- If the company can determine a subset population in which the oral formulation responds best with, the results may actually not only show disease control, but improvement, in comparison to injections.
There is no simple way to get around the no control arm, now that the FDA has requested it. However, we can go over historical and current trial data to indicate that the drug does in fact work for GH suppression:
We can see that median GH levels actually dropped. However, IGF-1 levels were not as well controlled (we can’t explain this currently).
It is also important to realize that these results are modified intent to treat (MITT) which means they include the results, even from people who dropped out of the study and likely weren’t responding at all. This may or may not explain the general decrease in control seen in IGF-1.
With all that said, if the drug didn’t work at all, these numbers should look much worse, as the disease would likely revert to untreated levels, and hit constant levels of >2.5 ng/mL GH and >1.3 ULN IGF-1. Also, if the drug didn’t work, we doubt that the 86% of patients who finished the dose-escalation, would have opted-in to the fixed dose regime.
Still, we understand the desire for a control, we just wish there was some way around it here.
5) Roche decided to opt-out of the trial after seeing the data.
This is just not true. Roche (OTCQX:RHHBY) had internal structural changes, and cited that it no longer wanted to pursue endocrinology as a whole company-wide basis. In fact, some resources cited Roche & Chiasma celebrating the results of the study, and Roche concluded they were hopeful for the results.
Summary Of These points:
We believe that the FDA knows that the drug works. However there are two issues here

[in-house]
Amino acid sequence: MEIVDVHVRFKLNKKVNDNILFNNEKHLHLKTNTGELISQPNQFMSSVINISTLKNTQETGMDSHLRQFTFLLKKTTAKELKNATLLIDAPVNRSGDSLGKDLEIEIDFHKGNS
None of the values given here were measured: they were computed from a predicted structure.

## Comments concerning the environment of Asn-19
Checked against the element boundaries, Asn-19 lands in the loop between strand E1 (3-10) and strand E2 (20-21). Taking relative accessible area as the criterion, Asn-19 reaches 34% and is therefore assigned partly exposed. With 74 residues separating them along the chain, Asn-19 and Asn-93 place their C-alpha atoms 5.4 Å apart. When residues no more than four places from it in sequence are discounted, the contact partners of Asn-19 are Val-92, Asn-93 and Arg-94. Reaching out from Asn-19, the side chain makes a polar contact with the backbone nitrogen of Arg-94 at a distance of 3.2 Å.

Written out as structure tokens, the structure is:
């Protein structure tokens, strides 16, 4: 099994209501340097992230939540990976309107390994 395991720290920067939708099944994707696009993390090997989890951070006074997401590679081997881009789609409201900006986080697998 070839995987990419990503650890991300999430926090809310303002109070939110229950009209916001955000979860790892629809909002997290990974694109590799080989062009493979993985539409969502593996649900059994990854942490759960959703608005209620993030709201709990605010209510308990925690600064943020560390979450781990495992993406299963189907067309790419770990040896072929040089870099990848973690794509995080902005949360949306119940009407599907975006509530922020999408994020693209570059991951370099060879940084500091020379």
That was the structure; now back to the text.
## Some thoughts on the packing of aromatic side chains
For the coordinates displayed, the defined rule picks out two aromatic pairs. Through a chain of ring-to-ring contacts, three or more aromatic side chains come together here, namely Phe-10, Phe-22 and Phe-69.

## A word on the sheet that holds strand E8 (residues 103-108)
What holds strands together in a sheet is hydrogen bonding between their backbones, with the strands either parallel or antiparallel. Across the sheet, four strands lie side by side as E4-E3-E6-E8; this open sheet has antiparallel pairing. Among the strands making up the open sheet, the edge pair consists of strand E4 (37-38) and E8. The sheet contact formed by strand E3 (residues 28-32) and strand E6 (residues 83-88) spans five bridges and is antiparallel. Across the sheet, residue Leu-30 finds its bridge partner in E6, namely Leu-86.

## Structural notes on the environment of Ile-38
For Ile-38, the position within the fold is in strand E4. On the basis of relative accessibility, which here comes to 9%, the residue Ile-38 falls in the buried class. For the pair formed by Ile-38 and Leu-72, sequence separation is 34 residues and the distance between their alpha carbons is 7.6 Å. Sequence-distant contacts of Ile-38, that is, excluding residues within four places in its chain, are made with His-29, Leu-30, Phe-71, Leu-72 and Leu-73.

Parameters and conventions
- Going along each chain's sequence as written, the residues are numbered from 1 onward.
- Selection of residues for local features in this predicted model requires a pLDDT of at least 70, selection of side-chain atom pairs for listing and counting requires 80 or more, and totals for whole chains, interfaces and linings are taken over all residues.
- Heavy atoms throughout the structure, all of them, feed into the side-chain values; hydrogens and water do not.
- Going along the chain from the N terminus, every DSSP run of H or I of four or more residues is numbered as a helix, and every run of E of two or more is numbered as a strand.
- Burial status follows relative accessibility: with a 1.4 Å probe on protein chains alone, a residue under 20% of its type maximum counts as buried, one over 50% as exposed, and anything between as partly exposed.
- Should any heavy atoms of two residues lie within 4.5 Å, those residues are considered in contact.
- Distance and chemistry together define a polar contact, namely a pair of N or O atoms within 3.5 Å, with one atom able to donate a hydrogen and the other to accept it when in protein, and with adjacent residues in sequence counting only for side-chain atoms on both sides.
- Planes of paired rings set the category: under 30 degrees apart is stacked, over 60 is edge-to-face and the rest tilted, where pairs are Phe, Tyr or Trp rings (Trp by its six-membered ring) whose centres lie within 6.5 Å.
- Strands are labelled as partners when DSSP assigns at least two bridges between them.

- There is obviously a population of non-responders, as well as a population of good-responders. We believe the FDA wants to have bioindicators that can tell pre-dosing, who these likely-responders will be.
- Without a control arm, we can’t tell if the drug loses efficacy overtime, and generally, if there is a strong placebo-effect of the pill (even in the face of previous injections, which generally carry a stronger placebo effect).
Thus we find it 5% likely the company can go on without an additional trial, unless there is a substantially greater amount of data that can be reported from their Phase 3 results that have not yet been disclosed (i.e. relation of responders to bioindicators).
Unfortunately the conference call was unable to give more details than the PR released, nor was I allowed to ask questions.
Here is a summary of what we know now:
- Safety is not the issue, the FDA did not make any indication that safety was an issue.
- Efficacy is questioned, and the FDA wants a control arm, the company will go into an end-of-review meeting to understand if this is actually necessary AND if it is, how to construct it
- The company is likely aware of the manufacturing deficiency, but needs more details from the supplier before disclosing it
- The empowered phase III study in Europe is actively enrolling, and requires a 20% “non-inferiority” end point
What would be most important to this company going forward, if they require a second study, and the company agrees to initiate it, is bioindicators for responders. That will be the most important aspect of bringing this forward and showing efficacy.
With that, we recommend a hold rating to CHMA. There is an equal weight of bearish and bullish pull at the current price right now, and we will wait until further information to change our sentiment. We hope the company makes the correct decisions going forward, and we hope they are quick and efficient to do so.
Disclosure: I/we have no positions in any stocks mentioned, and no plans to initiate any positions within the next 72 hours.
I wrote this article myself, and it expresses my own opinions. I am not receiving compensation for it (other than from Seeking Alpha). I have no business relationship with any company whose stock is mentioned in this article.